Small Angle X-ray Scattering (SAXS) and X-ray diffraction (XRD) methods are non-destructive measurement techniques for investigating material properties. While SAXS is used for revealing size, shape, porosity, crystallinity, orientation, etc. of nanostructures, XRD deals with properties at smaller scales, to investigate chemical composition of materials. In both cases X-rays are projected to samples in order to interact with the electrons within the samples. As a result, elastically scattered photons are recorded on detectors. In return, this data gives us scattering curves (of photons) in SAXS, and in XRD, diffraction peaks. Non-ambient attachment capabilities of each technique expand the possibilities of in-situ experiments such as investigating material conformational changes during operations.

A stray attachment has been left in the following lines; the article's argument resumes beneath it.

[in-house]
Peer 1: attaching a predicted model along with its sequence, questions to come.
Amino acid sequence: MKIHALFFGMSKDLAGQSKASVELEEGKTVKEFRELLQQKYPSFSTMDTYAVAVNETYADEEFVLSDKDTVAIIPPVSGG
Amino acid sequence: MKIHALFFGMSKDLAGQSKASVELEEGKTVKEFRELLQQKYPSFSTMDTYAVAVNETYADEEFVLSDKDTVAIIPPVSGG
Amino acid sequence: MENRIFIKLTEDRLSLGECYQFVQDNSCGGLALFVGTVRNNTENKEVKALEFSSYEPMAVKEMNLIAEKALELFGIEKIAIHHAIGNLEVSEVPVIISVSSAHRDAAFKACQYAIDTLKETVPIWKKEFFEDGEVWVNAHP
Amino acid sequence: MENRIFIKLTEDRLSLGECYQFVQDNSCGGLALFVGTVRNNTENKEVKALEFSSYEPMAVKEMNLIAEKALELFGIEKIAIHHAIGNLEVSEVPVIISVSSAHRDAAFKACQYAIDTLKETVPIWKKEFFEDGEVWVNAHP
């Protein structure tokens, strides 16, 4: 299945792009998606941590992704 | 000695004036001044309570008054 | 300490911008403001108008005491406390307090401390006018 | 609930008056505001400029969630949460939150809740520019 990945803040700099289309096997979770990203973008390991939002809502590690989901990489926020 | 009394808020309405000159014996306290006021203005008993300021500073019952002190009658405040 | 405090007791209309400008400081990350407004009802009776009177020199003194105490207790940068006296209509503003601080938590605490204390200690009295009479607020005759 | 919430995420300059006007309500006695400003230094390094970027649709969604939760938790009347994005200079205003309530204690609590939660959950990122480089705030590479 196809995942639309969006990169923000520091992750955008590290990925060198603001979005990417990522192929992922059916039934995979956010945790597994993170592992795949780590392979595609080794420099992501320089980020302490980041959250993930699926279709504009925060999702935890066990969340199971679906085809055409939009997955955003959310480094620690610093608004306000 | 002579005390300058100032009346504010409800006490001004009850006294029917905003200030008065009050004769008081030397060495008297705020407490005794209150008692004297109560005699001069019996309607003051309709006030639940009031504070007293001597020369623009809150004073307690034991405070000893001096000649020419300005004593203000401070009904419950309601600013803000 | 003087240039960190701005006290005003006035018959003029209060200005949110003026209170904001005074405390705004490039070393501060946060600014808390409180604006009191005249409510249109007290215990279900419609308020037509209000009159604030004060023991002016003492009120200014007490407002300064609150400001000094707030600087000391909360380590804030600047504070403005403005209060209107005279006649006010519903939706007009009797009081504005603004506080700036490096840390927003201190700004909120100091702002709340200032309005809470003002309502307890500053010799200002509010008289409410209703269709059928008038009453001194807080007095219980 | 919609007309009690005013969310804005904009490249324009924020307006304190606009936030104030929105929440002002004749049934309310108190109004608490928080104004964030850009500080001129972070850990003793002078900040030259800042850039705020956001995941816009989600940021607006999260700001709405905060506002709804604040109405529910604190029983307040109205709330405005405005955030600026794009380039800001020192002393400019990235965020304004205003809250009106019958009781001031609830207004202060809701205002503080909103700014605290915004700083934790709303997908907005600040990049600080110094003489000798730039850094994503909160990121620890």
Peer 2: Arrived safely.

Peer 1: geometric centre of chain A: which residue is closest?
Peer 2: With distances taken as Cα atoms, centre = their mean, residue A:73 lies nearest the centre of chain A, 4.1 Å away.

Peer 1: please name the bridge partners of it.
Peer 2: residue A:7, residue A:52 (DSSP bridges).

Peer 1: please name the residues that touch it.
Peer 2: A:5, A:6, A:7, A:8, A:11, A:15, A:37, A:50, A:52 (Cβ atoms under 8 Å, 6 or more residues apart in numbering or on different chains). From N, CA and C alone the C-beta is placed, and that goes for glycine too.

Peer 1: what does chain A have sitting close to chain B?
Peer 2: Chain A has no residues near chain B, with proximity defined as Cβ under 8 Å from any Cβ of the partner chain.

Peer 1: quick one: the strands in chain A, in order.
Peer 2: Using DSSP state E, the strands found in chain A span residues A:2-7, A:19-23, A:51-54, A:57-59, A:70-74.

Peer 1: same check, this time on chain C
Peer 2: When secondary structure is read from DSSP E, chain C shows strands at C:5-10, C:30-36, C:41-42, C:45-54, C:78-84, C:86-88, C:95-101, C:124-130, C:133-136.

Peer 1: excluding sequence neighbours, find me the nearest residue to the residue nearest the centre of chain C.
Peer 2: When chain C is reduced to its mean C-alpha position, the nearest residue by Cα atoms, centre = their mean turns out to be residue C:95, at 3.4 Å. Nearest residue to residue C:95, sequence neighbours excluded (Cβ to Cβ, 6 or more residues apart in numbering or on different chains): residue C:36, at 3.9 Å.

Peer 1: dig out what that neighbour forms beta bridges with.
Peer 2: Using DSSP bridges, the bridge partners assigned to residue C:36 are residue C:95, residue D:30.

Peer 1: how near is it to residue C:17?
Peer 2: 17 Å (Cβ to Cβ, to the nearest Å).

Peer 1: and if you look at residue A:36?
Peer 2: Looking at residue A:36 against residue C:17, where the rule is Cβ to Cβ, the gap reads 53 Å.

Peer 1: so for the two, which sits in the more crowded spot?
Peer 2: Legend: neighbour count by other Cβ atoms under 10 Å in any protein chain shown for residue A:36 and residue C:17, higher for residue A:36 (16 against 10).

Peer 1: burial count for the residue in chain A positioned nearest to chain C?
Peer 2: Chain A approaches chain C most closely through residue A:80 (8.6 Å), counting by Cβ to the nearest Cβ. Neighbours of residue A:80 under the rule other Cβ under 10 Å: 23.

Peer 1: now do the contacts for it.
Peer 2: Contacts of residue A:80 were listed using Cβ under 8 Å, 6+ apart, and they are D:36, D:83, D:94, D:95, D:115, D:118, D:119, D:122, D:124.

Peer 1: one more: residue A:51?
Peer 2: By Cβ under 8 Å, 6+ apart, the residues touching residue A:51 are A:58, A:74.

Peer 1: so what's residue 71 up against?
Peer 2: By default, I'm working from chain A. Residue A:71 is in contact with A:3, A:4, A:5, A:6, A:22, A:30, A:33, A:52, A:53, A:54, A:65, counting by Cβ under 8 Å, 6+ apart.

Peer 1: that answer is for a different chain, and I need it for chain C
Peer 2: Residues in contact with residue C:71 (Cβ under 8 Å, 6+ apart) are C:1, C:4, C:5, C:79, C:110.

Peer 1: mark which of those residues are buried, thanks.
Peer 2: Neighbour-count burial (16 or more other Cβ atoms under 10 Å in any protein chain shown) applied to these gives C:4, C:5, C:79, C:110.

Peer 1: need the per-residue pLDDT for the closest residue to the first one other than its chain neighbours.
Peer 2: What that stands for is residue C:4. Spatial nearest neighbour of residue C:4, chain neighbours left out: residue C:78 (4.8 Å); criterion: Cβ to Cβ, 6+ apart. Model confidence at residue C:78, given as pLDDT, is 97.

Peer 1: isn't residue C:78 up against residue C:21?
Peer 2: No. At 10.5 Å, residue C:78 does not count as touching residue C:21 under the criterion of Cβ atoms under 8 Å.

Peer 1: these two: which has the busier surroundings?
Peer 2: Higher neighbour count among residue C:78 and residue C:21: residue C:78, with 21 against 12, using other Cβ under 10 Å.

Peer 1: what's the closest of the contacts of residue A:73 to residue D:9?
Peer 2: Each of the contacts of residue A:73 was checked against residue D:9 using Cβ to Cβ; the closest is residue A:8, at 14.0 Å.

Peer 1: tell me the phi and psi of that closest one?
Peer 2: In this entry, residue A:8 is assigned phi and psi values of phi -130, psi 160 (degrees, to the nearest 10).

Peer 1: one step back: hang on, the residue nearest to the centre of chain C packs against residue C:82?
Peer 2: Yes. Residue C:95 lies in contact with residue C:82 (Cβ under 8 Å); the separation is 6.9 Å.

SAXS covers many different applications, including biological samples (proteins, lipids), nanoparticle dispersions, emulsions, surfactants, metals, polymers, fibers, catalysts and many others while XRD finds a broad use in pharmaceutical, food, ceramic industry, battery as well as chemical industry.
In this presentation, theory and background information, capabilities of each method, parameters that can be measured with each method, examples from real life will be discussed. Moreover, a live demo of XRD and/or SAXS instrument will be presented.